|Ivanov: Iraq Should Accept New WMD Inspection Teams|
Ivanov: Iraq Should Accept New WMD Inspection Teams
By Gerry J. Gilmore, American Forces Press Service.
Washington D.C. -- (AFPS) September 19, 2002 -- Russian Defense Minister Sergey Ivanov today opined here that his country and the United States could successfully perform any renewed inspections for weapons of mass destruction in Iraq.
Russian Defense Minister Sergey Ivanov gestures to make a point with reporters outside the Pentagon Sept. 19, 2002. Ivanov, visiting with Defense Secretary Donald H. Rumsfeld, maintained that Iraq should unconditionally accept new weapons of mass destruction search teams (Photo by Gerry J. Gilmore).
U.S Defense Secretary Donald H. Rumsfeld and Ivanov were approached by reporters while entering the Pentagon River Entrance after a military welcoming ceremony for the Russian leader. Rumsfeld quietly stood nearby as Ivanov emphasized to reporters that Iraq should unconditionally receive new, international, WMD inspection teams.
America and Russia, he remarked, are both experienced in looking for WMDs and could "easily establish" whether Iraq possesses chemical, biological and nuclear WMDs. Ivanov added he believed new inspection teams could uncover weaponry Iraq is required to give up under agreements it signed to end of the 1990-91 Persian Gulf War.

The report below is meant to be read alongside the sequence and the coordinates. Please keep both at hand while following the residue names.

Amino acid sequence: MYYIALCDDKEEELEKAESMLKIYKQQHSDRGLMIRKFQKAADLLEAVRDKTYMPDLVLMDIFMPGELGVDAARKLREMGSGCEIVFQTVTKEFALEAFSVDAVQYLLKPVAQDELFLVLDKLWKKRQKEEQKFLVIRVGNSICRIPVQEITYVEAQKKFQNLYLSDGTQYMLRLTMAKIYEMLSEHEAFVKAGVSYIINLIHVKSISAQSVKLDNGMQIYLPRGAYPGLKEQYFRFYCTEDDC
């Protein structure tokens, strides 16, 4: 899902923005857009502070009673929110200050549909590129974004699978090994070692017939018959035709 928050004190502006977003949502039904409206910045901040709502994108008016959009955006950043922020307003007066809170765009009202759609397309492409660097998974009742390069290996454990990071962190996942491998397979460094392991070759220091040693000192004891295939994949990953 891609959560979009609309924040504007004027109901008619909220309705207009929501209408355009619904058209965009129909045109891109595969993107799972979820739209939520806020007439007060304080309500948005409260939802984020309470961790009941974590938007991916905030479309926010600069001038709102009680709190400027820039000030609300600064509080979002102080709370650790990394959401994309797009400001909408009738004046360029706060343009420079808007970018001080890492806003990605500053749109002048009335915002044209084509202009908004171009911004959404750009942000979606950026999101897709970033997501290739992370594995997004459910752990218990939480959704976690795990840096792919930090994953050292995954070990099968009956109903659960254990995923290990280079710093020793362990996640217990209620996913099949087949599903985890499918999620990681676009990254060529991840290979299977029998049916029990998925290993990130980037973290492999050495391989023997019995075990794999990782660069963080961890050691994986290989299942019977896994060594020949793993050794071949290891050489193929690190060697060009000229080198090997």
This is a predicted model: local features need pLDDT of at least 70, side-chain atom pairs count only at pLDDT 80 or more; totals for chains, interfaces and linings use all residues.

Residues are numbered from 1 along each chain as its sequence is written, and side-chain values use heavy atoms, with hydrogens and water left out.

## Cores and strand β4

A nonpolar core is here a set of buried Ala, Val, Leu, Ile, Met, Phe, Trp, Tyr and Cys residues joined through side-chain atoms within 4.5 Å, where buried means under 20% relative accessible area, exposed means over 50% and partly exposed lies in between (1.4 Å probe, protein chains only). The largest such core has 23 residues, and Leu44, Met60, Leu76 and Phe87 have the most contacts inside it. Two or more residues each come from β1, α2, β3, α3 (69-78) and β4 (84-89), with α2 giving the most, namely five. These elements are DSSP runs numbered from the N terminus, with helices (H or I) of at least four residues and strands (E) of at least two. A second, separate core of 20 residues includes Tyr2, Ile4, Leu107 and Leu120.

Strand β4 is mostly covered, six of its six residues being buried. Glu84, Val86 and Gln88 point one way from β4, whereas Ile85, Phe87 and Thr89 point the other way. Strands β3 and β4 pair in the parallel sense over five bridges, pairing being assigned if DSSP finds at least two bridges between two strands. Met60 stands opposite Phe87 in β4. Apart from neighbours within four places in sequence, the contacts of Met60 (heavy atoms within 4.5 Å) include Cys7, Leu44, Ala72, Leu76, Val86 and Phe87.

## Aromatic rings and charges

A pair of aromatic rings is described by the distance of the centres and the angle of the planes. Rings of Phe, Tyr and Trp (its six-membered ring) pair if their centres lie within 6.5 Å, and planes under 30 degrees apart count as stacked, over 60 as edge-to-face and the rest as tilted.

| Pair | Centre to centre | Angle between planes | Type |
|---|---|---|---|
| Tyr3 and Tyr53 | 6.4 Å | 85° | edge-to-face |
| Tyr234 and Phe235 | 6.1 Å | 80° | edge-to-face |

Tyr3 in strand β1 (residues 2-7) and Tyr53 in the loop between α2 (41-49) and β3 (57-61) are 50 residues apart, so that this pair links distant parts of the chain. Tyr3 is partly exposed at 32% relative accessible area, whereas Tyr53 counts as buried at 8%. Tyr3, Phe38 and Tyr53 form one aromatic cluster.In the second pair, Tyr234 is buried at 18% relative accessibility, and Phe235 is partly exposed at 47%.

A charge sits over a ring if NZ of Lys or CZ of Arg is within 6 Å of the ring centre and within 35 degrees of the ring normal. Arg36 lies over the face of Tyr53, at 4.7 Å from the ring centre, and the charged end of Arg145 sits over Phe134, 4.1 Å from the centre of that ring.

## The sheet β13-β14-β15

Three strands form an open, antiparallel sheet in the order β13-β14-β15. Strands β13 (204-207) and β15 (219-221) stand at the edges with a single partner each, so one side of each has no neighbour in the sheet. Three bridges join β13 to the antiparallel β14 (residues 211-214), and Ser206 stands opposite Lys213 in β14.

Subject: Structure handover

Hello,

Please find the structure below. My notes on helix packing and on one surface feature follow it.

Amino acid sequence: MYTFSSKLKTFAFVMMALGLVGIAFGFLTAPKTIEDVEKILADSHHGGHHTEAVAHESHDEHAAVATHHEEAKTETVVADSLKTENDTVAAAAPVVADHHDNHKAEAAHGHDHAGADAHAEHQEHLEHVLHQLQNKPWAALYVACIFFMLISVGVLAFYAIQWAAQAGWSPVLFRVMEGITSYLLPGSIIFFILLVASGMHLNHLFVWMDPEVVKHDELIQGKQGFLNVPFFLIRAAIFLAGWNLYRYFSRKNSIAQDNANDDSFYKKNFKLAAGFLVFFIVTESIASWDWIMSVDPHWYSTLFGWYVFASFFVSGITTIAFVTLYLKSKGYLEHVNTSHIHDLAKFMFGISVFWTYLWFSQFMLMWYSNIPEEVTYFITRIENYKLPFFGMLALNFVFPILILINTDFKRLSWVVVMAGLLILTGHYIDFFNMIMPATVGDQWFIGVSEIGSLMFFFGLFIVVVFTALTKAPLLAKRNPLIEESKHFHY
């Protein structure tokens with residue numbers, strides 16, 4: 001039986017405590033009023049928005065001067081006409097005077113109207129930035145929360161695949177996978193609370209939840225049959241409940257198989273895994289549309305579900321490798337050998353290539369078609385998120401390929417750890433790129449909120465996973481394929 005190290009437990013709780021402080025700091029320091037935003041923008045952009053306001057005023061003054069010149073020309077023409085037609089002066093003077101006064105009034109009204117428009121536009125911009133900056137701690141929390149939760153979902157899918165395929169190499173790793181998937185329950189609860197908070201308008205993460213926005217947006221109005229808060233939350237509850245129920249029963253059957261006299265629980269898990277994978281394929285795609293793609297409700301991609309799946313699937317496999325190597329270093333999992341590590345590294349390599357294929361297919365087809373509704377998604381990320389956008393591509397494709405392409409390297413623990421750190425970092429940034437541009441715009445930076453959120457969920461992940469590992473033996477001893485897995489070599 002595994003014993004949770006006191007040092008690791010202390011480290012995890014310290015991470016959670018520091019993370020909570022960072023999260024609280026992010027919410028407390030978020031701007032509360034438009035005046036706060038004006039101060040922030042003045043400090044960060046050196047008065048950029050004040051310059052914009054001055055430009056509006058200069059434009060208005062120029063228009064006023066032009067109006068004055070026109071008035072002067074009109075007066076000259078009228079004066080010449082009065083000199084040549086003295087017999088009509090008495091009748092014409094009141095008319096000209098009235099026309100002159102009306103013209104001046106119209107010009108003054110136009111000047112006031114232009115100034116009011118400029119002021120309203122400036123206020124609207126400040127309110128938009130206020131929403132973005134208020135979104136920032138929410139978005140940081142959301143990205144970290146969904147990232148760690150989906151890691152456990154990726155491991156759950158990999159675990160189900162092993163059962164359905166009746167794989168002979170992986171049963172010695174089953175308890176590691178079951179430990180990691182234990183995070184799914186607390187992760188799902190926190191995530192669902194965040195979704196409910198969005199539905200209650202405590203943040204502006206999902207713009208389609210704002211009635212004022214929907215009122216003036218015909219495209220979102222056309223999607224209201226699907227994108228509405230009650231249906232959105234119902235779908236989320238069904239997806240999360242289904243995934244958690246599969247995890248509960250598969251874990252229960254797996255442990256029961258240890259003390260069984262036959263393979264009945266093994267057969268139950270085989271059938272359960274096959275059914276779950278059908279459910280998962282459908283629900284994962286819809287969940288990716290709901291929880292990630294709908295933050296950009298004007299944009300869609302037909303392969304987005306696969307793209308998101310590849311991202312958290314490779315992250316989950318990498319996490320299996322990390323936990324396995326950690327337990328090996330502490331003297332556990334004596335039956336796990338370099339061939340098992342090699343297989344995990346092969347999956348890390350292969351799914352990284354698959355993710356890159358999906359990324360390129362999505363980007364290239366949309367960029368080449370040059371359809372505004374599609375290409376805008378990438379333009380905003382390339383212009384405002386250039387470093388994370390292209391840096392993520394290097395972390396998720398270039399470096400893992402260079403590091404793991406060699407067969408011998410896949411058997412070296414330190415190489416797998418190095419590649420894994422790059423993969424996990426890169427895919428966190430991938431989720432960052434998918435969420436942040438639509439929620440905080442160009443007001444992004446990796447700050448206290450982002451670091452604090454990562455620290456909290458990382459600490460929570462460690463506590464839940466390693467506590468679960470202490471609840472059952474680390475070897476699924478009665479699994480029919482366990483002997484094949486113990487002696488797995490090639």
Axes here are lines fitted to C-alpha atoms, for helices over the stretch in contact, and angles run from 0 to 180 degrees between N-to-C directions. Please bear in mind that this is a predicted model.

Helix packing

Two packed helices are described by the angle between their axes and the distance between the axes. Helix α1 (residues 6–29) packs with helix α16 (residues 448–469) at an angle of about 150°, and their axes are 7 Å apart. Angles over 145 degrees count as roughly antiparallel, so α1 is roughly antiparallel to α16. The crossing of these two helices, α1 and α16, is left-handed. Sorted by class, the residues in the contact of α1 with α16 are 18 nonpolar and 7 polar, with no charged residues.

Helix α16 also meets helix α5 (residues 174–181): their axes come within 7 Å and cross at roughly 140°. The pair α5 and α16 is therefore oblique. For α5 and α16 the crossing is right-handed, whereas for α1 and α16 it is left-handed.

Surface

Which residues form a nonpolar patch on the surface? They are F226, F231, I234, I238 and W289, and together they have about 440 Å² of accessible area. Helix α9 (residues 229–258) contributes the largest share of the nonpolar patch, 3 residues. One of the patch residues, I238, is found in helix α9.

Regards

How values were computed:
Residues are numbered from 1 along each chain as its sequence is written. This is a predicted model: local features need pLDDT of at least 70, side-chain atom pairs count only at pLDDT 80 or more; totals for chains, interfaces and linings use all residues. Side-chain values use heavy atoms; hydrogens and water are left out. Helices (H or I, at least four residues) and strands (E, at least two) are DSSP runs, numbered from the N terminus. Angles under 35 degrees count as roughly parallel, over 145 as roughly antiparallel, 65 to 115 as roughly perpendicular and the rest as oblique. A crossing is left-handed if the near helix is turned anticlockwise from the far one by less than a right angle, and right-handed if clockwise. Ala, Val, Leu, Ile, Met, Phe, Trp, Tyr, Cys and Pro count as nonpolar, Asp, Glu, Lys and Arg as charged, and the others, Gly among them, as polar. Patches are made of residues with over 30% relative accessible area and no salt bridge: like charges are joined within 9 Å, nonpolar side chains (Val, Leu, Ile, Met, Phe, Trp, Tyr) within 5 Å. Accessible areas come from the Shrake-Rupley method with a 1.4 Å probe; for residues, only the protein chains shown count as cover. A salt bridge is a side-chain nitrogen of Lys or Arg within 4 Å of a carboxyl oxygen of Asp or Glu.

Allowing U.N. weapons inspection teams free access was part of those agreements. The inspectors searched for weapons of mass destruction until Iraq kicked them out in 1998. Saddam had been suspected of moving his suspected WMD assets around; his shell game thereby negated the inspectors' efforts.
The United Nations is now considering whether to issue new resolutions to force Iraqi dictator Saddam Hussein to relinquish his biological, chemical and nuclear weapons programs.
Ivanov remarked it's not his business to decide whether new U.N. resolutions are needed against Iraq, "but I think we should send the inspectors there."
President Bush has been citing Saddam's untrustworthiness as an impediment to the success of any renewed inspections. He is seeking congressional authority to employ military force, if necessary, to disarm and overthrow the Iraqi leader. He told the United Nations Sept. 12 that if the international body doesn't act, the United States will.
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